3.7.10. Magnetic Field in the Flat Disc of Superconductor
3.7.11. Supercurrent Flowing Through the Coil
3.7.12. Superconductivity Flowing Through the Solenoid
3.7.13. Quantum Levitation and Quantum Trapping
  • References
  • Additional Literature
Chapter 4 New Theoflury of Super-Fluidty
4.1. New Theory of Super-Fluidity Equilibrium Density Matrix Method
4.1.1. Liquid Helium
4.1.2. Uniform Distribution of Particles in Space
4.1.3. Kinetic Energy of Particle
4.1.4. Particle Interaction Energy
4.1.5. Gas Internal Energy
4.1.6. Particle Pulse Distribution Function
4.1.7. Chemical Potential
4.1.8. Order Parameter
4.1.9. Gas Internal Energy Dependence on Temperature
4.1.10. Heat Capacity of Gas
4.1.11. Energy Spectrum of Particles
4.1.12. Superfluidity
4.1.13. Conclusion
  • References
  • Additional Literature
Chapter 5 New Theory of Arbitrary Atom
5.1. Мethod of Density Matrix New Calculation of Energy Level Of Electrons in Atom
5.1.1. Introduction
5.1.2. Statistical Operator
5.1.3. Density Matrix
5.1.4. Hamiltonian of the Electron System
5.1.5. Matrix Elements of the Hamiltonian
5.1.6. Wave Function of One Electron Moving Around an Arbitrary Nucleus
5.1.7. Matrix Elements of the Electron Interaction Hamiltonian
5.1.8. the Energy of the Electrons in Core is Recorded Using Density Matrix
5.1.9. the Pure State of Electrons in Atom
5.1.10. Conclusion
5.1.11. Comment
  • References
  • Additional Literature
Chapter 6 New Theory of Laser
6.1. Density Matrix Method in Two-Level Laser Theory
6.1.1. Introduction
6.1.2. Kinetics of Quantum Transitions
6.1.3. Density Matrix
6.1.4. Equation for the Density Matrix
6.1.5. Equation for Density Matrix of the First-Order Approximation
6.1.6. Equation for the Density Matrix of Zero-Order
6.1.7. Diagonal Hamiltonian
6.1.8. Density Matrix in Κ-Representation
6.1.9. the Transition Density Matrix from 𝜅-Representation in Initial Α-Representation
6.1.10. Dissipative Matrix
6.1.11. the Equation for the Density Matrix in 𝜅-Representation
6.1.12. Kinetics of Laser
6.1.13. Equation for Non-Diagonal Density Matrix
6.1.14. Kinetics of Radiation
6.1.15. Conclusion
  • References
Chapter 7 Dissipative Operator
7.1. Lindblad Equation for Harmonic Oscillator Uncertainty Relation Depending on Temperature
7.1.1. Lindblad Equation
7.1.2. Energy Representation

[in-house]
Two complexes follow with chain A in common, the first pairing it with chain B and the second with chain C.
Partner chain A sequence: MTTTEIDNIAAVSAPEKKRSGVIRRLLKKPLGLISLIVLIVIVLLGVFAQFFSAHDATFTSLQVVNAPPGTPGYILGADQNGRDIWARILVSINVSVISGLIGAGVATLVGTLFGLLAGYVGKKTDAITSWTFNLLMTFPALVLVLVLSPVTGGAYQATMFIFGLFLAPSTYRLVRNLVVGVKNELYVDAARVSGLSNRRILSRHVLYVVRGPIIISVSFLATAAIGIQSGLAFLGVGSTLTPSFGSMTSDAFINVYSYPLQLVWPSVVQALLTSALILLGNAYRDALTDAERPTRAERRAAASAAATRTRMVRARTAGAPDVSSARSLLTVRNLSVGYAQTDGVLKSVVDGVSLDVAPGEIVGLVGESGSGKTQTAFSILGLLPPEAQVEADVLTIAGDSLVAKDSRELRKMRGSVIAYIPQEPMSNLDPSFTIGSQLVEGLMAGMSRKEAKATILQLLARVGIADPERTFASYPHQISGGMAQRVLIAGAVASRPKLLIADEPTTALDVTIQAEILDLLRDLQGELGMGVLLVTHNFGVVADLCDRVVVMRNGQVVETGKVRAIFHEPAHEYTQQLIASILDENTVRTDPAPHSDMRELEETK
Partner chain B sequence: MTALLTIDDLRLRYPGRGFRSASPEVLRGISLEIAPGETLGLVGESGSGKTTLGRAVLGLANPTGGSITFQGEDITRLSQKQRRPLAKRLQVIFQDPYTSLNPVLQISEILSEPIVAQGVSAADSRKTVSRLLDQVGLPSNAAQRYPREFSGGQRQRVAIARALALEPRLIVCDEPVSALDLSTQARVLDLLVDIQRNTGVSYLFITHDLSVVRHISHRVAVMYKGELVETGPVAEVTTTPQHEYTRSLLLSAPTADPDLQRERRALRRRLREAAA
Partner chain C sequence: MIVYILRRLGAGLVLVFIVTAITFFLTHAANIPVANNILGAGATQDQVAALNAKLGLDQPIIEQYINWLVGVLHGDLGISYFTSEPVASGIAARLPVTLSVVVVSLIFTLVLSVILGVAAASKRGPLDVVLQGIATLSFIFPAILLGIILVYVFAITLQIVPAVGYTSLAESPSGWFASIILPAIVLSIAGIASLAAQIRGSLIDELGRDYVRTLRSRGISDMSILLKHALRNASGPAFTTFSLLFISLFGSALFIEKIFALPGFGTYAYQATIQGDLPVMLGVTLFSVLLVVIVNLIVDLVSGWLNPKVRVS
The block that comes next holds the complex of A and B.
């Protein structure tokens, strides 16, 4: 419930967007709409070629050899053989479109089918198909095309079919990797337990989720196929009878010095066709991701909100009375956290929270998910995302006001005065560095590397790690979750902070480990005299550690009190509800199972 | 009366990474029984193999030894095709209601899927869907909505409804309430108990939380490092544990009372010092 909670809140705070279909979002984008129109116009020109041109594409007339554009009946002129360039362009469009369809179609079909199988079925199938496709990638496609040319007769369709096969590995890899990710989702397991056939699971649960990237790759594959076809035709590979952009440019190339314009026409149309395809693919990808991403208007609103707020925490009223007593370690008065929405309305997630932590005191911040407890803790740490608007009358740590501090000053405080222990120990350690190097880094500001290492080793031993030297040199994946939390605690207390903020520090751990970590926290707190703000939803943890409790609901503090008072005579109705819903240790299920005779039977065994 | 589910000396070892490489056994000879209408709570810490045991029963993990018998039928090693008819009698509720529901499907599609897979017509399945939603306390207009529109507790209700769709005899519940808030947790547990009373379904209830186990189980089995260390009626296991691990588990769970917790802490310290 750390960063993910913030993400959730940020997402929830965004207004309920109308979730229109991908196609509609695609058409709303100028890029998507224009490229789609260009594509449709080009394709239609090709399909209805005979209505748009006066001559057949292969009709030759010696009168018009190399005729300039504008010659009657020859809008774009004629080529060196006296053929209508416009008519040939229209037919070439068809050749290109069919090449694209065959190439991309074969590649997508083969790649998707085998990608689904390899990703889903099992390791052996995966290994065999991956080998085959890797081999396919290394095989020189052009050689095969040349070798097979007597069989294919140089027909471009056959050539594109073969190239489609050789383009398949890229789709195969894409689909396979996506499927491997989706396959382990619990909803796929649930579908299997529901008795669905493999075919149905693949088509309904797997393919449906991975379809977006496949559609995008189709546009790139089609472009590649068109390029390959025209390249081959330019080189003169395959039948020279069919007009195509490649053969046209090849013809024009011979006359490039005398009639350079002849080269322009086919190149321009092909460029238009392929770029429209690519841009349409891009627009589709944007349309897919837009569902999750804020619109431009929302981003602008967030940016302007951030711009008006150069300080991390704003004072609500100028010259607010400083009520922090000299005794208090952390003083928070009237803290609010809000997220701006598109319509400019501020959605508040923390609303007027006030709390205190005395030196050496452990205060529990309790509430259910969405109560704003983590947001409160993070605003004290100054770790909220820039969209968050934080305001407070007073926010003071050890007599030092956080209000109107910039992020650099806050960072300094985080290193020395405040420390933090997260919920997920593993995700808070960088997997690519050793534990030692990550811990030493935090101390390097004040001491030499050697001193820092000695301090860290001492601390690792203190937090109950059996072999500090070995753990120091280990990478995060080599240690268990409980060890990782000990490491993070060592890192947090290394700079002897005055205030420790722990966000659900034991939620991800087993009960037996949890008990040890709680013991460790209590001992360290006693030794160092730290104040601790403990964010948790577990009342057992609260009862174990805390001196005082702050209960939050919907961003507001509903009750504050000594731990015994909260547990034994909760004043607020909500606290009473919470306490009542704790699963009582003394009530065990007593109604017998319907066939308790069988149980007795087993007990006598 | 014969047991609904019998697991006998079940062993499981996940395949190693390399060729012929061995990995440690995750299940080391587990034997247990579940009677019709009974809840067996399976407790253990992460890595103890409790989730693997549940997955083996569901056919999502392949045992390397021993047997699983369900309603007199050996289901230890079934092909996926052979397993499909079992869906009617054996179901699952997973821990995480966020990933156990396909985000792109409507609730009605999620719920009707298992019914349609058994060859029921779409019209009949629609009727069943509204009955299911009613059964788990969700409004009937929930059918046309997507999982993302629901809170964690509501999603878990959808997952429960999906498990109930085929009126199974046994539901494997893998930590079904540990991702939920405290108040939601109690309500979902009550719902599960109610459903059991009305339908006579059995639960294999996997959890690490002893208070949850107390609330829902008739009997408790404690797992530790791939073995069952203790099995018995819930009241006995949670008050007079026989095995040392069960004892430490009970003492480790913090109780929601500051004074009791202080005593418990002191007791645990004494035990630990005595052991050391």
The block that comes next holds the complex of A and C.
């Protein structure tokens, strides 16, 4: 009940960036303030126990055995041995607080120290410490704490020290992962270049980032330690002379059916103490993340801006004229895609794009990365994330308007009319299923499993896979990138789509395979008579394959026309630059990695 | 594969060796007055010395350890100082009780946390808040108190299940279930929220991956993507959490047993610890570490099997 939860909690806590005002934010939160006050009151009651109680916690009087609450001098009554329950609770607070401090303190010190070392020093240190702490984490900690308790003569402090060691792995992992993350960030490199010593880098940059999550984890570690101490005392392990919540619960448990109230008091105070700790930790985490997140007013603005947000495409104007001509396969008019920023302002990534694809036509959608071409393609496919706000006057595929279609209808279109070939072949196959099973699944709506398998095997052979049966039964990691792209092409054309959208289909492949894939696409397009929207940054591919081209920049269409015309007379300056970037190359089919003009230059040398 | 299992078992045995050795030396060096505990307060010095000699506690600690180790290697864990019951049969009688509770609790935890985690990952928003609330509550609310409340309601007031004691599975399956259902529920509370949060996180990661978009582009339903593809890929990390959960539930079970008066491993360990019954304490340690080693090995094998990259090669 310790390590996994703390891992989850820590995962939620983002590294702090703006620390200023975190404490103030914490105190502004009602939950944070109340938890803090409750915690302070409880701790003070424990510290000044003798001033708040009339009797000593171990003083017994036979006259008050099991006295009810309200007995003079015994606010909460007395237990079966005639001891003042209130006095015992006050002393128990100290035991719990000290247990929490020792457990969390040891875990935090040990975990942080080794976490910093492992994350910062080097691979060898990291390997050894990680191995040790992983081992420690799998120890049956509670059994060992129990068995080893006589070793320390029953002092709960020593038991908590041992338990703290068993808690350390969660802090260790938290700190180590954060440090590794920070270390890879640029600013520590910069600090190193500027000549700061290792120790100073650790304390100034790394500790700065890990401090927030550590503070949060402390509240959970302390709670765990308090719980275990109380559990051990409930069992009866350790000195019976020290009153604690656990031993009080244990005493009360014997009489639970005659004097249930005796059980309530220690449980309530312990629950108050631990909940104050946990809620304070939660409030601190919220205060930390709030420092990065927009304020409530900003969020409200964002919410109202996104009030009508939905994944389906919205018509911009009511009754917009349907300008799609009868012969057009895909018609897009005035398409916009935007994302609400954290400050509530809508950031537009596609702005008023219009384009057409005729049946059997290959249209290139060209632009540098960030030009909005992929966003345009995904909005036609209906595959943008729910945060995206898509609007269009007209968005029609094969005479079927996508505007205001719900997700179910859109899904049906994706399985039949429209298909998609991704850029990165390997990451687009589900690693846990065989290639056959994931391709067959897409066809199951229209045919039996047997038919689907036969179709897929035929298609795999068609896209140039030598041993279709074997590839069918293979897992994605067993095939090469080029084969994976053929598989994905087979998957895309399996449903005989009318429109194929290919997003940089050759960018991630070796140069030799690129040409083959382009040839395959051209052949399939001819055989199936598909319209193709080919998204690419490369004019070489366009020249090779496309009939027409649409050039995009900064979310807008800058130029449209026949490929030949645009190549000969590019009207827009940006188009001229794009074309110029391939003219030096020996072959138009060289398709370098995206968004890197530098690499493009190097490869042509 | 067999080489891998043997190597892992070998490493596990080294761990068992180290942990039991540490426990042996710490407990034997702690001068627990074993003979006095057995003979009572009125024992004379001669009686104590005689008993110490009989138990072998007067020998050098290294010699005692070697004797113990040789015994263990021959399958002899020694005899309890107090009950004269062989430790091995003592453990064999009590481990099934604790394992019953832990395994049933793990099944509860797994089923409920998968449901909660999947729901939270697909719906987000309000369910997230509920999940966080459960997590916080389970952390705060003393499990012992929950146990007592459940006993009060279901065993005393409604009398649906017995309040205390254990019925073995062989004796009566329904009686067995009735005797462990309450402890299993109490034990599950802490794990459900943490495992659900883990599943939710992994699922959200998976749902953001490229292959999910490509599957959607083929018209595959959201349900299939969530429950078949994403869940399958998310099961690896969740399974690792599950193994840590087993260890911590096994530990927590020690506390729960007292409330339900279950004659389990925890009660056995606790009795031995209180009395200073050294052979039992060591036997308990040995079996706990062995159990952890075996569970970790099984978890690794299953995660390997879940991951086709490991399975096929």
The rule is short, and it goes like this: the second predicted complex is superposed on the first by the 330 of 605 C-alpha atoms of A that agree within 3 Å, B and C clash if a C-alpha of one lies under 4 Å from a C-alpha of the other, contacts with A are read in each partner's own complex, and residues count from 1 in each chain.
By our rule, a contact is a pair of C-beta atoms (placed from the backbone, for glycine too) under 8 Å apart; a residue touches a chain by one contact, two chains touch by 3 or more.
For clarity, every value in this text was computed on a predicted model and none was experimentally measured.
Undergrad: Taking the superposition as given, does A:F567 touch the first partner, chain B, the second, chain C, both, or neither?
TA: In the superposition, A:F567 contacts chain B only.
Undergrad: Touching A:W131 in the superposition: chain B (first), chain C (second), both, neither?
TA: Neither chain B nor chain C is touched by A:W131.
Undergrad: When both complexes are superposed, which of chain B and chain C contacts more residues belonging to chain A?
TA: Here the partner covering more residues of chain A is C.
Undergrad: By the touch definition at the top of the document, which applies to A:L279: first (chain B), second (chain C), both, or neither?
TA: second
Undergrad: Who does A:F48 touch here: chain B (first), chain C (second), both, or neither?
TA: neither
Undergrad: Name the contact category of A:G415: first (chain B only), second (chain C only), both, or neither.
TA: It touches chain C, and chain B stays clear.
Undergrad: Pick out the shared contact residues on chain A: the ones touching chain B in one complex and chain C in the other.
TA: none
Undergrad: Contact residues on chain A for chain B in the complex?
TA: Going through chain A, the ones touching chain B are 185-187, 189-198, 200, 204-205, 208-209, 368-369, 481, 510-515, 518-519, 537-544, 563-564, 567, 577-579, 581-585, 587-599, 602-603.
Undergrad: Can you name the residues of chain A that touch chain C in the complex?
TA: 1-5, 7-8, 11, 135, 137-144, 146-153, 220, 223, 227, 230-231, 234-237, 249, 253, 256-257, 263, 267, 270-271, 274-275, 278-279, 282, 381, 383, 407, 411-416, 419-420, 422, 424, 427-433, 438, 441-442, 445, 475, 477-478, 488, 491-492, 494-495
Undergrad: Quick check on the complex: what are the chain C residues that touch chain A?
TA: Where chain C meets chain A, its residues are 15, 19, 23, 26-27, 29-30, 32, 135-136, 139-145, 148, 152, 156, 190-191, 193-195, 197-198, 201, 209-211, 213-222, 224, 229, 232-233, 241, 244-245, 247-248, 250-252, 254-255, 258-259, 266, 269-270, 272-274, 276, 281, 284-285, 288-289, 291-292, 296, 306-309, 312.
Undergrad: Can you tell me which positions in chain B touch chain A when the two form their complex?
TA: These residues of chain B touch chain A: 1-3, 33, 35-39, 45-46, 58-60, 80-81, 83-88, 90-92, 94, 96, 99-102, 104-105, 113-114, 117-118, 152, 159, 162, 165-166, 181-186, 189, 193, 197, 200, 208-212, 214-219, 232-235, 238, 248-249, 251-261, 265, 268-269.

7.1.3. Mean Value of the Coordinate
7.1.4. Mean Oscillator Energy
7.1.5. Kinetic Equation Expressed in Terms of Coordinate and Momentum Operators
7.1.6. Coordinate Representation
7.1.7. Momentum Representation
7.1.8. Wigner Function
7.1.9. Lindblad Equation is First-Order Approximation
7.1.10. Conclusion
7.2. Statistical Operator in Theory of Quantum Oscillator Dissipative Operator Damping
7.2.1. Introduction
7.2.2. Equation for Statistical Operator That Describes Damped Oscillations
7.2.3. Average Values of Position and Momentum
7.2.4. the Average Values of Squares of Position and Momentum
7.2.5. Conclusion
7.3. Particle in a Stochastic Environment Dissipative Matrix
7.3.1. Particle in a Homogeneous Isotropic Continuum
7.3.2. Equation for the Density Matrix
7.3.3. Equation for the Wigner Function
7.3.4. Conclusion
7.4. Density Matrix Method in Quantum Theory of Light Emitting Diode (Led)
7.4.1. Introduction
7.4.2. Light-Diode
7.4.3. Connect Led
7.4.4. Equilibrium Distribution of Electron Energy
7.4.5. Impurity Semiconductors of P -Type
7.4.6. N -Type Impurity Semiconductors
7.4.7. P-N Transition
7.4.8. Lindblad Equation. Statistical Operator
7.4.9. Density Matrix
7.4.10. Lindblad Equation Dissipative Operator
7.4.11. Equations for Density Matrix
7.4.12. Wigner Equation
7.4.13. Wigner Equations for Light Diode
7.5. Theory of Ball Lightning
7.5.1. Introduction
7.5.2. Interaction of Electrons with Nuclei
7.5.3. Lindblad Equation
7.5.4. Dissipative Diffusion and Attenuation Operators
7.5.5. Equation for Statistical Operator of Atomic Nuclei
7.5.6. Average Values of Atomic Nucleus Coordinates
7.5.7. Average Value of Atomic Nucleus Pulse
7.5.8. Equation of Motion of Average Value of Nucleus Coordinates
7.5.9. Equation for Average Value 〈𝑟̂2〉
7.5.10. Equation for Average Value of 〈𝑝̂2〉
7.5.11. Equation for Average Value of Operator 𝑟̂ 𝑝̂+ 𝑝̂ 𝑟̂
7.5.12. Solution of Obtained Equations
7.5.13. Equation for Atomic Nucleus Density Matrix in Coordinate Representation
7.5.14. Wigner Equation
7.5.15. Distribution of Atomic Nucleus by Coordinates
7.6. Theory of Tunnel Transitions
7.6.1. Introduction
7.6.2. Lindblad Equation and Dissipative Damping Operator
7.6.3. the Probability of Increasing the Crystal with Increasing Temperature
  • References
  • Additional Literature
Chapter 8. the Beginning of Theoretical Nanophysics
8.1. Equation for Density Matrix Systems of Identical Particles
8.1.1. Introduction
8.1.2. Equation for the Density Matrix of One Particle
8.1.3. the Hierarchy for Statistical Operators
8.1.4. the Equation for Statistical Operators
8.1.5. the Equation for Density Matrix
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  • Boris V. Bondarev